Maui Forest Bird Recovery Project (MFBRP) is an amazing non-profit organization that needs to be applauded on a daily basis. This group of dedicated individuals works incredibly hard all year long to help protect and save our endemic island birds.
Not only do they conduct research by mist-netting, banding, applying recovery initiatives for species of concern, planting native flora and monitoring breeding success, resource availability, avian disease, non-native species invasions and more…they do it all from remote areas often in inclement weather, sometimes for weeks at a time, camping and remaining in the forest with no outside contact at all. Heroes!
In one season alone, they logged 800 hours of banding! Part of this effort tied in to working with the Smithsonian Institute. They’re trying to determine if some of the endemic forest birds are forming a resistance or tolerance to avian malaria, carried by mosquitos. -Mosquitos are an introduced species to Hawaii and the birds here aren’t accustomed to the diseases they carry. With the introduction of ungulates, especially pigs who dig wallows, mosquitos are flourishing. As temperatures warm, the insects move higher in elevation. The birds’ safety range becomes smaller and smaller.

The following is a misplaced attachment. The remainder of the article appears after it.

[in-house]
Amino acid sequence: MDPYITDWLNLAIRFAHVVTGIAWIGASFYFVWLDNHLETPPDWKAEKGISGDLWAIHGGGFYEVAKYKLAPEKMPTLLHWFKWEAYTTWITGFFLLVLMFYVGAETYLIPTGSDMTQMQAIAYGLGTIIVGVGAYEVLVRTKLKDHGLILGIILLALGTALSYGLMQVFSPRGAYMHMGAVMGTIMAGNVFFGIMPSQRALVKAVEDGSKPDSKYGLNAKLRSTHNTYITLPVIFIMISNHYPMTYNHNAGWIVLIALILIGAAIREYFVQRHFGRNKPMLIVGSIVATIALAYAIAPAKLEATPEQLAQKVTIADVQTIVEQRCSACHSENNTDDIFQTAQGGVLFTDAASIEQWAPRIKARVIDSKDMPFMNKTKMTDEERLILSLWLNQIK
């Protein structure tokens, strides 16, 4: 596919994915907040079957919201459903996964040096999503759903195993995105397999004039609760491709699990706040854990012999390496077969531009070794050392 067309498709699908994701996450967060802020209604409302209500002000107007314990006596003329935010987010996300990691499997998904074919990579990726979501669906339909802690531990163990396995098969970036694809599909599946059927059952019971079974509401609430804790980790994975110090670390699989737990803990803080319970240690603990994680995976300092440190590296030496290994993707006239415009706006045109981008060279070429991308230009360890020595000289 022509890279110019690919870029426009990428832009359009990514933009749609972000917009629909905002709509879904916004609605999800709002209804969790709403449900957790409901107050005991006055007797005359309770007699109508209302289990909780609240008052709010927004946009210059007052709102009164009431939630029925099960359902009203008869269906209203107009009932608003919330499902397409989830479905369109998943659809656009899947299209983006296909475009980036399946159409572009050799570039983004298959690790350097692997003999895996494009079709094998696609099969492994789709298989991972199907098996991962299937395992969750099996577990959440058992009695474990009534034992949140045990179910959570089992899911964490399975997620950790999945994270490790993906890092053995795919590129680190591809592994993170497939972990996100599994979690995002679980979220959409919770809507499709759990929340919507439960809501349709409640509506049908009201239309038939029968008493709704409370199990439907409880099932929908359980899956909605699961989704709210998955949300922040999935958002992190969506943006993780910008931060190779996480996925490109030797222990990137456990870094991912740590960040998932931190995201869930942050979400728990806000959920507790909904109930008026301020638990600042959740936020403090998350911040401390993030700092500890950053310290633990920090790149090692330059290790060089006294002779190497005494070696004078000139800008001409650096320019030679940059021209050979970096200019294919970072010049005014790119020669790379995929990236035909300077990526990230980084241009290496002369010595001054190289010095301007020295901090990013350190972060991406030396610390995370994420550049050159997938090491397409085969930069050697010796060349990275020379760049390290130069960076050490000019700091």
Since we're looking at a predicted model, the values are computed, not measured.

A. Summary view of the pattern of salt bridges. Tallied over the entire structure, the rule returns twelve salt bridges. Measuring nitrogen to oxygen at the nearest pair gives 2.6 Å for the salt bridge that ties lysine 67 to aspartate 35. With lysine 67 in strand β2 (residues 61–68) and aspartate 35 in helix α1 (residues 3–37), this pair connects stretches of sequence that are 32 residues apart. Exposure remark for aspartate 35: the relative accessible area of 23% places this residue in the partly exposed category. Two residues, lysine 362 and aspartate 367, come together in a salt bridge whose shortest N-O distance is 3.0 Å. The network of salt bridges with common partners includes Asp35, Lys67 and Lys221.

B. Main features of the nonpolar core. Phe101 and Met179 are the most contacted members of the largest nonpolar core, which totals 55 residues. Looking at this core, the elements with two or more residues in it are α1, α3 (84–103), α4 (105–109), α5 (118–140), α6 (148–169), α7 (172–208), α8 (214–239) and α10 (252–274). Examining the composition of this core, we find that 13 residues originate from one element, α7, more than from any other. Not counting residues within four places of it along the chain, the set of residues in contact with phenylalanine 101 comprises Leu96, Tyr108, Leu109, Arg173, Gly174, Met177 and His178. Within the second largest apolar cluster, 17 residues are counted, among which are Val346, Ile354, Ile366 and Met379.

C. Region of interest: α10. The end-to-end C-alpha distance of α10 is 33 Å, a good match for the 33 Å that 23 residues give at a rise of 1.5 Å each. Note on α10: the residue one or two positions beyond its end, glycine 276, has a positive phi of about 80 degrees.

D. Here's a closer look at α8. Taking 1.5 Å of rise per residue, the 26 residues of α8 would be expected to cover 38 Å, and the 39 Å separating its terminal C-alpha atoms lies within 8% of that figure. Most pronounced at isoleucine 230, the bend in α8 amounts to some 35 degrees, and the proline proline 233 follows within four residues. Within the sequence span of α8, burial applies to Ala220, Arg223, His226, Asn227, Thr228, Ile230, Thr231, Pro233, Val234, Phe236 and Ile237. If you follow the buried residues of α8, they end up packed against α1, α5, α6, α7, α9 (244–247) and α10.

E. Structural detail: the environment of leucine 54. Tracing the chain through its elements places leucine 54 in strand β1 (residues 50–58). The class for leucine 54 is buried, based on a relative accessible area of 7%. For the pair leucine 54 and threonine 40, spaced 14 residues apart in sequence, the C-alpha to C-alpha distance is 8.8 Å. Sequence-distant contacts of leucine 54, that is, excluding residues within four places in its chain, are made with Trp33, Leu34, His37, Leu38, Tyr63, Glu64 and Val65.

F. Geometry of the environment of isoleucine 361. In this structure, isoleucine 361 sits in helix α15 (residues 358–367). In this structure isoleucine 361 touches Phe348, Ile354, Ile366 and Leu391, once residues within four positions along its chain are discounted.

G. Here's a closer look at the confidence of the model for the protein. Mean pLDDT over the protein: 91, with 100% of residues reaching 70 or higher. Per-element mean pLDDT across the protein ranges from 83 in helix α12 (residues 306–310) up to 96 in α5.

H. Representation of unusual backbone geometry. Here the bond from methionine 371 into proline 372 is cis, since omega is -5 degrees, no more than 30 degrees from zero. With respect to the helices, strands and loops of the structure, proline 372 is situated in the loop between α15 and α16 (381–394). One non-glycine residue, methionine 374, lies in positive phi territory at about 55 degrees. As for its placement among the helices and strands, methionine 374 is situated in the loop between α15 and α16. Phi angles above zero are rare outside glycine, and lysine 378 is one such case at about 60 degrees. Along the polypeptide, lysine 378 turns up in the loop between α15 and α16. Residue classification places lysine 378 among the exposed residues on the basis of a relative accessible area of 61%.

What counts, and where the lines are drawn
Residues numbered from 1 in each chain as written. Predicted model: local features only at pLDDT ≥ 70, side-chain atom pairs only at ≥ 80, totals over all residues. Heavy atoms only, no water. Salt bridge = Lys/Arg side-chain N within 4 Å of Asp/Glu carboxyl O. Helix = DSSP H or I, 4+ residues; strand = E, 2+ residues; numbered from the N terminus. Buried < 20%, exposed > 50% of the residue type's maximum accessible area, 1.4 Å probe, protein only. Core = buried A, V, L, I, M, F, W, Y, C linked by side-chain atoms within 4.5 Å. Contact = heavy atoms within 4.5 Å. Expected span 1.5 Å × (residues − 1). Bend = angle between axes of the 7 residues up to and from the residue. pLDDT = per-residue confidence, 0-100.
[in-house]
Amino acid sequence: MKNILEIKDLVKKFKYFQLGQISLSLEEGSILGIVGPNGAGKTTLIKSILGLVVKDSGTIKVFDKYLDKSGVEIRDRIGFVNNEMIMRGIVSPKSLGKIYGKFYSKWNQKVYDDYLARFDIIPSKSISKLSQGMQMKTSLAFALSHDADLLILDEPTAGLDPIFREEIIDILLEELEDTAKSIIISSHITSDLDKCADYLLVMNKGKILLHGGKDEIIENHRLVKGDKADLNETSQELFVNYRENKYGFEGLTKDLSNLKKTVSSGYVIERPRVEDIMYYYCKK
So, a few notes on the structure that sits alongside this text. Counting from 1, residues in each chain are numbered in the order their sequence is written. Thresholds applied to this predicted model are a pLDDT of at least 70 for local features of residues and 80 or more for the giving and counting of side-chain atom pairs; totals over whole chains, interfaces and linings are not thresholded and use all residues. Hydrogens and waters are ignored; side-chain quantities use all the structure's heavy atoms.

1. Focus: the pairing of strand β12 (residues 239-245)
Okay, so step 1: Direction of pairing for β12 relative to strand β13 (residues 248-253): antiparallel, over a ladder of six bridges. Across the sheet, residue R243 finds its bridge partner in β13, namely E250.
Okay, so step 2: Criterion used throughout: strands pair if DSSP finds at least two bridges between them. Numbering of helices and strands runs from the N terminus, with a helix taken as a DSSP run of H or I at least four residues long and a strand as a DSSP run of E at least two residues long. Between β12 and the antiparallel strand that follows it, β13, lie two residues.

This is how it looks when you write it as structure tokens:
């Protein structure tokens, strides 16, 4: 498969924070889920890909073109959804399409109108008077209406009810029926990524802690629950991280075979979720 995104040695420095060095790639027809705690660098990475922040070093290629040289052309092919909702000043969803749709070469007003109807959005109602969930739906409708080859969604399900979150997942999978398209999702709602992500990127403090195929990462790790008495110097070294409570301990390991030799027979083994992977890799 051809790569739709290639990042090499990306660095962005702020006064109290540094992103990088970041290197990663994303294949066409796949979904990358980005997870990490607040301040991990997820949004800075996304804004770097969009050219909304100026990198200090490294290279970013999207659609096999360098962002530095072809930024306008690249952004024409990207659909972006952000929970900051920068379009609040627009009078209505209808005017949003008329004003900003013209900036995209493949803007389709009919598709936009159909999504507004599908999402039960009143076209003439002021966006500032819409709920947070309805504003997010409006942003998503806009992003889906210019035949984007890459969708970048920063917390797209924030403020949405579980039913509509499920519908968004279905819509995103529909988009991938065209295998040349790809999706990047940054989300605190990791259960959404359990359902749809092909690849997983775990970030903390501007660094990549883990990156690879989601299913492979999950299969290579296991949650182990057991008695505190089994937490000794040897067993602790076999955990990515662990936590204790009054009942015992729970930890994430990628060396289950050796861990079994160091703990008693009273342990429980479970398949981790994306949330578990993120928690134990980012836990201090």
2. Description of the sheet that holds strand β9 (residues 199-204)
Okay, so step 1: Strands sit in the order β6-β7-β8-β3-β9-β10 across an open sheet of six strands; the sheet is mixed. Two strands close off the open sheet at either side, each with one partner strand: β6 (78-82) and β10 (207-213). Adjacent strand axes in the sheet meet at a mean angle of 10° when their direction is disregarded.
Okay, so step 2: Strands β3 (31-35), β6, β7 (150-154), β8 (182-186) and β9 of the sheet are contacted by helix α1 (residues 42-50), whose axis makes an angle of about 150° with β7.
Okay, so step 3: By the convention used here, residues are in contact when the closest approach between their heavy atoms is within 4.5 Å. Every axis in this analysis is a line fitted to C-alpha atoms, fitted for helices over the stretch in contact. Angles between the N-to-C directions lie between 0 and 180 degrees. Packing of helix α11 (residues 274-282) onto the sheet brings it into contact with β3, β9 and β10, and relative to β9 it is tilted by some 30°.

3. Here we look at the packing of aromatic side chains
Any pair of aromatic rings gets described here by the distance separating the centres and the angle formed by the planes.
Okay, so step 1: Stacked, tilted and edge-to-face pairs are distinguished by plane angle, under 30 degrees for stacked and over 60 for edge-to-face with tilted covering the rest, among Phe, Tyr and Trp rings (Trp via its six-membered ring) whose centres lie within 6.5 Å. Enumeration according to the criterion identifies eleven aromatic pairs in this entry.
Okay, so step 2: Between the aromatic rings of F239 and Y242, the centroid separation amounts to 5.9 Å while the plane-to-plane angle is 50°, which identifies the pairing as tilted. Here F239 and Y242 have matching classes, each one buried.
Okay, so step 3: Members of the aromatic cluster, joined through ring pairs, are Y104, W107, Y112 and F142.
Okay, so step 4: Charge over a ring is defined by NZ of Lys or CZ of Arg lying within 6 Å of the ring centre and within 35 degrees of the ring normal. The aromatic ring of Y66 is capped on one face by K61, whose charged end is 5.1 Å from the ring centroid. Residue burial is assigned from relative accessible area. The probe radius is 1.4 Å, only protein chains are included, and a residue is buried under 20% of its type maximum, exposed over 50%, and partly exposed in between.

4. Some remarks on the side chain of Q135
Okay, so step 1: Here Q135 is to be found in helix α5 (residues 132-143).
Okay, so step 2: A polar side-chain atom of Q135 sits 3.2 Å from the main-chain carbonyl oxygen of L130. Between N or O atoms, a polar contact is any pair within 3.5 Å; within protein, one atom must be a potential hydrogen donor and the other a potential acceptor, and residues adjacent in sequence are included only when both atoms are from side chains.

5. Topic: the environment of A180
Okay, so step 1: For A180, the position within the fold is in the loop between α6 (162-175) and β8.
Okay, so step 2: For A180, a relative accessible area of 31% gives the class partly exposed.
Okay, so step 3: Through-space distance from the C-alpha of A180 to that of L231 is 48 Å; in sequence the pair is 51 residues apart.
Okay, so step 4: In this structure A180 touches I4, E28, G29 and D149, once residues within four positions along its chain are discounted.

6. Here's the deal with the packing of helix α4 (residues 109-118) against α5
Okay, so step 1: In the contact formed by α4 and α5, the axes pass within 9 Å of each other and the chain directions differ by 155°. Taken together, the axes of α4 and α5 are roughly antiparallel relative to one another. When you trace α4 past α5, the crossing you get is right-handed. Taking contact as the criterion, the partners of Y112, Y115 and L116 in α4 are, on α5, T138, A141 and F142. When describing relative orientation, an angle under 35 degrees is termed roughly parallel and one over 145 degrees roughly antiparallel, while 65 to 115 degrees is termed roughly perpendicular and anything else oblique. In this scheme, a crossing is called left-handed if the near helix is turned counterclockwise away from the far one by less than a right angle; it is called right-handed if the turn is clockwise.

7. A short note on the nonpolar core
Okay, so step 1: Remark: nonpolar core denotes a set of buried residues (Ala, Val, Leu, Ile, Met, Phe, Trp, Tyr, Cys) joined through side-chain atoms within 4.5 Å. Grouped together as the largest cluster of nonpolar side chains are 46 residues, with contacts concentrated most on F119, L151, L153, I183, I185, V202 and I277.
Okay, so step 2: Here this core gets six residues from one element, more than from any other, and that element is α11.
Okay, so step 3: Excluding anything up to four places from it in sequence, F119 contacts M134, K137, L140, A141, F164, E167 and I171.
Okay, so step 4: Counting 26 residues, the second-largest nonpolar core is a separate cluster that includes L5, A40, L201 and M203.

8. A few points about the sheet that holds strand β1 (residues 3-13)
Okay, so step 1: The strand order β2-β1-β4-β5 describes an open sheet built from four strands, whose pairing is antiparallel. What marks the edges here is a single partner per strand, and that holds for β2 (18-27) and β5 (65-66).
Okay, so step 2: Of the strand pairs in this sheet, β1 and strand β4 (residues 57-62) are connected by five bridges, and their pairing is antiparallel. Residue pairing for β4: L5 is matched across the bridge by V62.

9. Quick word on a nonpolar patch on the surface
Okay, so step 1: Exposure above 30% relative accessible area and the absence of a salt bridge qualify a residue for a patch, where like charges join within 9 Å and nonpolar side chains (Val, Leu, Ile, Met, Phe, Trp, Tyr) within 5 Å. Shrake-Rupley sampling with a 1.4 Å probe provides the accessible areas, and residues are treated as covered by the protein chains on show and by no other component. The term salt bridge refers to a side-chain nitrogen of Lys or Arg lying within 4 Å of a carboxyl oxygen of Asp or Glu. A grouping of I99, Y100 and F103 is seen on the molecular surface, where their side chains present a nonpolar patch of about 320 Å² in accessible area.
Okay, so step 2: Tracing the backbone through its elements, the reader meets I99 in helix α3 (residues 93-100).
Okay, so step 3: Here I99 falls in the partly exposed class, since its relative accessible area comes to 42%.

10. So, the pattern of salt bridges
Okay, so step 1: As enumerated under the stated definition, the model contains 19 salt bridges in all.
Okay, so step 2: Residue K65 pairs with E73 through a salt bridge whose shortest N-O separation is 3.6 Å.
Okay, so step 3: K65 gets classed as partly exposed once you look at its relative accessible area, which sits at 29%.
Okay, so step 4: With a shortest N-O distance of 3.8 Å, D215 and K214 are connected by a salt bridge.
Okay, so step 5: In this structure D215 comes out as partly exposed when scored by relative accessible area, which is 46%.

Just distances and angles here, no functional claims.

MFBRP collected over 140 RNA samples from multiple locations on Maui and are anxiously awaiting the results. To hear that some birds are forming resistance to the disease would be incredibly hopeful. I anxiously await the results as well. In the meantime, MFBRP continues to survey for mosquito presence in bird habitat, monitor avian mortality and collect more crucial data.
Formed by the State of Hawaii Division of Forestry and Wildlife (DOFAW) and the U.S. Fish and Wildlife Service in 1997, MFBRP has been an incredible organization working towards the protection of birds, the restoration of native habitat and the eradication of invasive species. They are the gurus of conservation work. They spend long hours in rough terrain and they do it with compassion and pride. I’ve been fortunate enough to meet some of the crew members of this team, and they are full of energy, smiles and big hearts. It is individuals like those involved with MFBRP that give me hope for this island and for this world. Lead by example and watch the world change.
Please consider donating to Maui Forest Bird Recovery Project. They could use your help!
Go to http://mauiforestbirds.org